The basic medium for the gelification of the metal saltresin water soluble may consist of alkaline metal hydroxide solution, ammonia solution, amine solution, hydrazine solution, hydroxyl amine solution, and the like.

For the production of spheroids according to our new process we start from the aqueous solutions of salts of the metals with which those spheroids are to be constituted. The solutions are salts containing anionic groups e.g., hydrochloric, nitric and so on of any type, provided they do not form complexes that are not precipitable with alkali. The working pH is not critical and its variations provoke only variations in the aging times. Therefore it may vary widely; the values have to be in any case lower than the ones for which the precipitation of the cations occur. There are added to said solution: (1) the compound that is adapted to effect the surface tension and the viscosity, and (2) the resin (adapted to give consistency to the spheroids). Thereafter, this solution is fed in droplets, as by dripping, into the alkali.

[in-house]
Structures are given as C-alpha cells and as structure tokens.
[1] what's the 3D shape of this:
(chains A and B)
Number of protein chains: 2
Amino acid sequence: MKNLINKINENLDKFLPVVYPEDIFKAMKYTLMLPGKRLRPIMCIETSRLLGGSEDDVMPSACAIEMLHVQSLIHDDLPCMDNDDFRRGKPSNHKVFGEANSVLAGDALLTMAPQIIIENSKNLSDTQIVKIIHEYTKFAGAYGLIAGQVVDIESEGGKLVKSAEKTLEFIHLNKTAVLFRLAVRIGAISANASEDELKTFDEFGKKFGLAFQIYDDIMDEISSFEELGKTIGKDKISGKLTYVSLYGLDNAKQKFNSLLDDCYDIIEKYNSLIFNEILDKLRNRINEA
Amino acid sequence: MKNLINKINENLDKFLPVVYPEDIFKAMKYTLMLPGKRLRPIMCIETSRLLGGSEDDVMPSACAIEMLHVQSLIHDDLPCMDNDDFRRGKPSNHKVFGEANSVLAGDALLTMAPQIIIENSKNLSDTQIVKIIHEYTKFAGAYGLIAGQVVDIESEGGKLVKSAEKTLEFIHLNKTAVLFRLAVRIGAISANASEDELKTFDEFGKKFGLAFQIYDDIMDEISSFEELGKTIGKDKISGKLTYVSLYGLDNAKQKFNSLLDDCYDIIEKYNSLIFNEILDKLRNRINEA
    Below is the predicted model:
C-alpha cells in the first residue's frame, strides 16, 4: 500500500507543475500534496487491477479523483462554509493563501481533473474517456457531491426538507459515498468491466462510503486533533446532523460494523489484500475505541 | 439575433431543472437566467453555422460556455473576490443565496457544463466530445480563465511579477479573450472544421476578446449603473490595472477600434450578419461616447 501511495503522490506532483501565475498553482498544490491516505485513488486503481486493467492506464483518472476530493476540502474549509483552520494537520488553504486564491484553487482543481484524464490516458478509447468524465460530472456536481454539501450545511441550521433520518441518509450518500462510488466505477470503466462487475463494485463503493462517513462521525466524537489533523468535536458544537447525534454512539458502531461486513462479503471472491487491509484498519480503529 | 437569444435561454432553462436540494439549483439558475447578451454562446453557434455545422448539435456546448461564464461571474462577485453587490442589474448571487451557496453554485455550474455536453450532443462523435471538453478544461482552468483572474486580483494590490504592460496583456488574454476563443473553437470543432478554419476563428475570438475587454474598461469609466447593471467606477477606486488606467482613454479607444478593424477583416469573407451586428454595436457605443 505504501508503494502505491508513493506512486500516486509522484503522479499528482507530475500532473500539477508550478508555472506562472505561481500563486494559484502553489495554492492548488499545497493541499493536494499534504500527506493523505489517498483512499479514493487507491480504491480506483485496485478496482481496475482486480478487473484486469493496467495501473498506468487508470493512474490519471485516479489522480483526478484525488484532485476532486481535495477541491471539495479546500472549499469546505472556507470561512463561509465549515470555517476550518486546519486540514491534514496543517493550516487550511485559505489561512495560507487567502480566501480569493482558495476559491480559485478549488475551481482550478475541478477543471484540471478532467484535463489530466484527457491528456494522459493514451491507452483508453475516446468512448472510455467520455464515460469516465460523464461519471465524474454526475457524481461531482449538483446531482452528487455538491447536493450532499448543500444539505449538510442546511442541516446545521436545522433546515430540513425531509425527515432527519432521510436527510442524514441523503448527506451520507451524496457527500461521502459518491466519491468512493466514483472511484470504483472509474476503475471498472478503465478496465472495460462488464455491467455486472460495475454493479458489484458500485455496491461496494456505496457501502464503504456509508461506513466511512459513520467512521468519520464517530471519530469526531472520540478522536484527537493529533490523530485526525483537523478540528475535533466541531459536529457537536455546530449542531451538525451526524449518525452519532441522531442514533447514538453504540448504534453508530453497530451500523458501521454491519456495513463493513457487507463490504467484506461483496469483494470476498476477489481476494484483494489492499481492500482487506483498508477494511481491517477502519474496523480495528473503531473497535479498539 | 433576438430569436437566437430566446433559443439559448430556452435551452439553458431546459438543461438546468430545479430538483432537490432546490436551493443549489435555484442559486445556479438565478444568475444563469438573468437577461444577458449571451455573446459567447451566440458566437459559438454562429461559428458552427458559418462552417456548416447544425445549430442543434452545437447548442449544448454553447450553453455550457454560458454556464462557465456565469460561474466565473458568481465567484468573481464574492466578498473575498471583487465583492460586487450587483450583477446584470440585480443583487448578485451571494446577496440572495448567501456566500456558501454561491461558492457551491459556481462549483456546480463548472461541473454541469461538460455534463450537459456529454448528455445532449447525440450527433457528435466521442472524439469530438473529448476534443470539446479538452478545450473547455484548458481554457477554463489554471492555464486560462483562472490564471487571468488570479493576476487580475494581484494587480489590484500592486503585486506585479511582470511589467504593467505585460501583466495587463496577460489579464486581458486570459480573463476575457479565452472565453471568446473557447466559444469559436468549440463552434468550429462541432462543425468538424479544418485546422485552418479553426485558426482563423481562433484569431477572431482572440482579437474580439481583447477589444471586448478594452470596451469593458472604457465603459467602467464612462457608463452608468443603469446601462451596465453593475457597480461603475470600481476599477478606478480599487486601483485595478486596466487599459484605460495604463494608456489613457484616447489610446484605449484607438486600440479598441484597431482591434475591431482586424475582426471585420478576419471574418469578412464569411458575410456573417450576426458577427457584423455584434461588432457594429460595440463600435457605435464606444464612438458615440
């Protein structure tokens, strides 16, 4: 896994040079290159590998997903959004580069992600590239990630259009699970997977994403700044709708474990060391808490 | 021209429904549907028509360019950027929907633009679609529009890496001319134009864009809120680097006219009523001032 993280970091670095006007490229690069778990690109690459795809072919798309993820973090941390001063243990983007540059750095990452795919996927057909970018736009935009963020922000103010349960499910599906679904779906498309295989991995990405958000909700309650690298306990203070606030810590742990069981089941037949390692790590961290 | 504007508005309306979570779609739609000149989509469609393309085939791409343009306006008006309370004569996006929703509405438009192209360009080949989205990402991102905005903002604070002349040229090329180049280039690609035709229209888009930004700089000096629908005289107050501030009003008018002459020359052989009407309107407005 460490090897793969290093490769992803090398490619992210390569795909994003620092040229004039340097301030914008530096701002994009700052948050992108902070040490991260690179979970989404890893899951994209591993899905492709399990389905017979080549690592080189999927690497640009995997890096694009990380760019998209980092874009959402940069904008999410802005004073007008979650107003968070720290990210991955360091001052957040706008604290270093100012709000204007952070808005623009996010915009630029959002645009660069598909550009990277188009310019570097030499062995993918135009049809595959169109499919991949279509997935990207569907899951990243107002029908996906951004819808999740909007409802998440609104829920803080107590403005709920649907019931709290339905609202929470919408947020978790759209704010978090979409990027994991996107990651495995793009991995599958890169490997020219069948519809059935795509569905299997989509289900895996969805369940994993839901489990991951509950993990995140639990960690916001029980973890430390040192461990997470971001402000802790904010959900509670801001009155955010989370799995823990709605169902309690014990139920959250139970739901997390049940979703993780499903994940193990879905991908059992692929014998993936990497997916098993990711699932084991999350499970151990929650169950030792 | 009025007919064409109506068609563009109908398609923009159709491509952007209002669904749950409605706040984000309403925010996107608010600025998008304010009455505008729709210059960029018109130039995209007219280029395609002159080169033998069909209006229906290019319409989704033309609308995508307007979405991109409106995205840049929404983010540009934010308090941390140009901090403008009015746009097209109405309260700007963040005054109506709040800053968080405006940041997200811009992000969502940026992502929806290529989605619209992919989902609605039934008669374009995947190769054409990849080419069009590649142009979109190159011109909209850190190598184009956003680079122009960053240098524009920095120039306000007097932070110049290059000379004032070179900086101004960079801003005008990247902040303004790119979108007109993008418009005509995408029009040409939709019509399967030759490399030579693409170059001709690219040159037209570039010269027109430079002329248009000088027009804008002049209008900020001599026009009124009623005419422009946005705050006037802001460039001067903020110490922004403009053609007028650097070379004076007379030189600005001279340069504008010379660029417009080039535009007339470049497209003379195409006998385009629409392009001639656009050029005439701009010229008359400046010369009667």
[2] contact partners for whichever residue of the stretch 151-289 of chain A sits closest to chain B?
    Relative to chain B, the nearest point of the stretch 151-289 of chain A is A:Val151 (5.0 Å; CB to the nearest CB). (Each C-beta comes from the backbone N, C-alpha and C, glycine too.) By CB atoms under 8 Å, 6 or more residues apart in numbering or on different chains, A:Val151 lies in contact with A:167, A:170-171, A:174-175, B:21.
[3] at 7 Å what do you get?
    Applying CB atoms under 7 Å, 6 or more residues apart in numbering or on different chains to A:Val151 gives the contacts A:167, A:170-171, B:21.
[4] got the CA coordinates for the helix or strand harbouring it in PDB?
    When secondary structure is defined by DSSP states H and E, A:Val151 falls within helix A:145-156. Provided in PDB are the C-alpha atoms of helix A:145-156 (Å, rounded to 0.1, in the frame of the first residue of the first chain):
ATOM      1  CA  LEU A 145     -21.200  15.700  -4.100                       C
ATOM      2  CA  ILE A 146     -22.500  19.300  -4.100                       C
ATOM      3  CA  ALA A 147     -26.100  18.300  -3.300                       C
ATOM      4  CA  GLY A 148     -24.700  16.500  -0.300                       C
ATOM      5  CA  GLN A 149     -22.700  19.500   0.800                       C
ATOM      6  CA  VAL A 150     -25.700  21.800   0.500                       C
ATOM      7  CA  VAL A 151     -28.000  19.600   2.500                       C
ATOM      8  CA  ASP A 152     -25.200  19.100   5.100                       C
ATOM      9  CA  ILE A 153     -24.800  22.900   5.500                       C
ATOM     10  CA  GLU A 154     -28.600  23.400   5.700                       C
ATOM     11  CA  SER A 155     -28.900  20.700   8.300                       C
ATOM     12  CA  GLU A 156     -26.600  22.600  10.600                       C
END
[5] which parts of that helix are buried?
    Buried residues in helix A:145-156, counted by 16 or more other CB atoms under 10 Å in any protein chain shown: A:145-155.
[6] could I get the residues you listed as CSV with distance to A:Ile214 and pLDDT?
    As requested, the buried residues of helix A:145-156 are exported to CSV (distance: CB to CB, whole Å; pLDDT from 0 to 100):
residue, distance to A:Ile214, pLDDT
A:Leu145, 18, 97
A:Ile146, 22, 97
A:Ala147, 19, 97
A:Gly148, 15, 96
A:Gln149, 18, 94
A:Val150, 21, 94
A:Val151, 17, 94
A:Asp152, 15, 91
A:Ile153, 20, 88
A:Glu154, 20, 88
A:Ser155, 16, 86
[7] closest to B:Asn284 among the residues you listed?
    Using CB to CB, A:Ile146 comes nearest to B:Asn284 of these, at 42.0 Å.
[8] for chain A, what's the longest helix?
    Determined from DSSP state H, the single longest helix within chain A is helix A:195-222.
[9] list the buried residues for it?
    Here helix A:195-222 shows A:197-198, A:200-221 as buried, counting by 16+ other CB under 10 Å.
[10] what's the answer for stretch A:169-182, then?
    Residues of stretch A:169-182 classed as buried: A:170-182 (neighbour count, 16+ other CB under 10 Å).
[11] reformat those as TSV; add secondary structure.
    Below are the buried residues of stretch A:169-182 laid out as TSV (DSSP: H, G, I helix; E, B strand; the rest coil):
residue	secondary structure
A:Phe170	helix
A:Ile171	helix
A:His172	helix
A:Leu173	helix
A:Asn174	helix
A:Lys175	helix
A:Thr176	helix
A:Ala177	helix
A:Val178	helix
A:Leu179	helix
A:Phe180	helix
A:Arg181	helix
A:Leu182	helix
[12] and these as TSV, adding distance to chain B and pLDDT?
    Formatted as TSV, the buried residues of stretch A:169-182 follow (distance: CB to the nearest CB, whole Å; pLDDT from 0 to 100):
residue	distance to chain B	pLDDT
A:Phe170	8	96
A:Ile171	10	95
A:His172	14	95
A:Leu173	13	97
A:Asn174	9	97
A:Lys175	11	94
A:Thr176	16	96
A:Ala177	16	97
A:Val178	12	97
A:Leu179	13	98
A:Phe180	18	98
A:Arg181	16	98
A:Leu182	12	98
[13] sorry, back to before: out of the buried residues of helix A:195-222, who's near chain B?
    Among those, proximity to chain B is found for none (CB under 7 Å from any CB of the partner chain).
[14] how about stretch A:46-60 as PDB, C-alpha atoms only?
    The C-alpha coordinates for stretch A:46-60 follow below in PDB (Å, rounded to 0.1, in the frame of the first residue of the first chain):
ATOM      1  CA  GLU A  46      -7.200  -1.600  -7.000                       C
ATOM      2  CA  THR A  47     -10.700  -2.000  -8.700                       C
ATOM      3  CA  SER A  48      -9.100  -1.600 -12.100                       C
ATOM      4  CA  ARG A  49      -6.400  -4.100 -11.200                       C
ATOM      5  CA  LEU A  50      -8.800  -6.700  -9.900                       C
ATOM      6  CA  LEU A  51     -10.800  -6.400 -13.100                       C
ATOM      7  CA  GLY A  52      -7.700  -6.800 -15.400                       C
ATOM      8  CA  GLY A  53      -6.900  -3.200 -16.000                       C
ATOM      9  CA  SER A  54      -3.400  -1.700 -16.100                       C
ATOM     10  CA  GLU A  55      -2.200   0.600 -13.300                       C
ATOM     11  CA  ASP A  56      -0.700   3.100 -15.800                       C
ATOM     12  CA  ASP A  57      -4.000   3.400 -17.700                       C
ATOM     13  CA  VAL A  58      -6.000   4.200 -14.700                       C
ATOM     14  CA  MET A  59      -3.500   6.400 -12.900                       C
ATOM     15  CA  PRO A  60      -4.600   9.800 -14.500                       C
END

The particular alkali used is only governed by the type of cation which is to be precipitated, and in this choice, account should be taken of the possibility of easily removing said alkali by simple washing or by thermal decomposition. Without limiting in any way the choice, it will be noted that, among said alkalis, ammonia is recommended for the known advantages it presents, e.g., simplicity of use and ease of removal, either by washing or by decomposition, of the compounds eventually formed.

The concentration of the solution of metal salt or salts to be treated may vary over a broad range. A minimum value may be set at 10 g./l. (expressed as metal oxide), while the upper limit is the saturated concentration. The resin is added to the solution in an amount of 0.5 to 5 g./100 ml. The alcohol is used in a concentration of at least 5% by volume of the solution that is to be fed in droplets to the alkali and is preferably added before the resin. As a rule, it is not necessary to use an excess of 50% by volume of alcohol.

It will be appreciated that in the practice of our invention, inert materials may be added to the metal salt solution treated in the preparation of spheroids and that such inert materials may be removed in the sintering phase to give a controlled porosity to the spheroids.

In order that our invention will be fully available to those skilled in the art, the following specific examples thereof are given: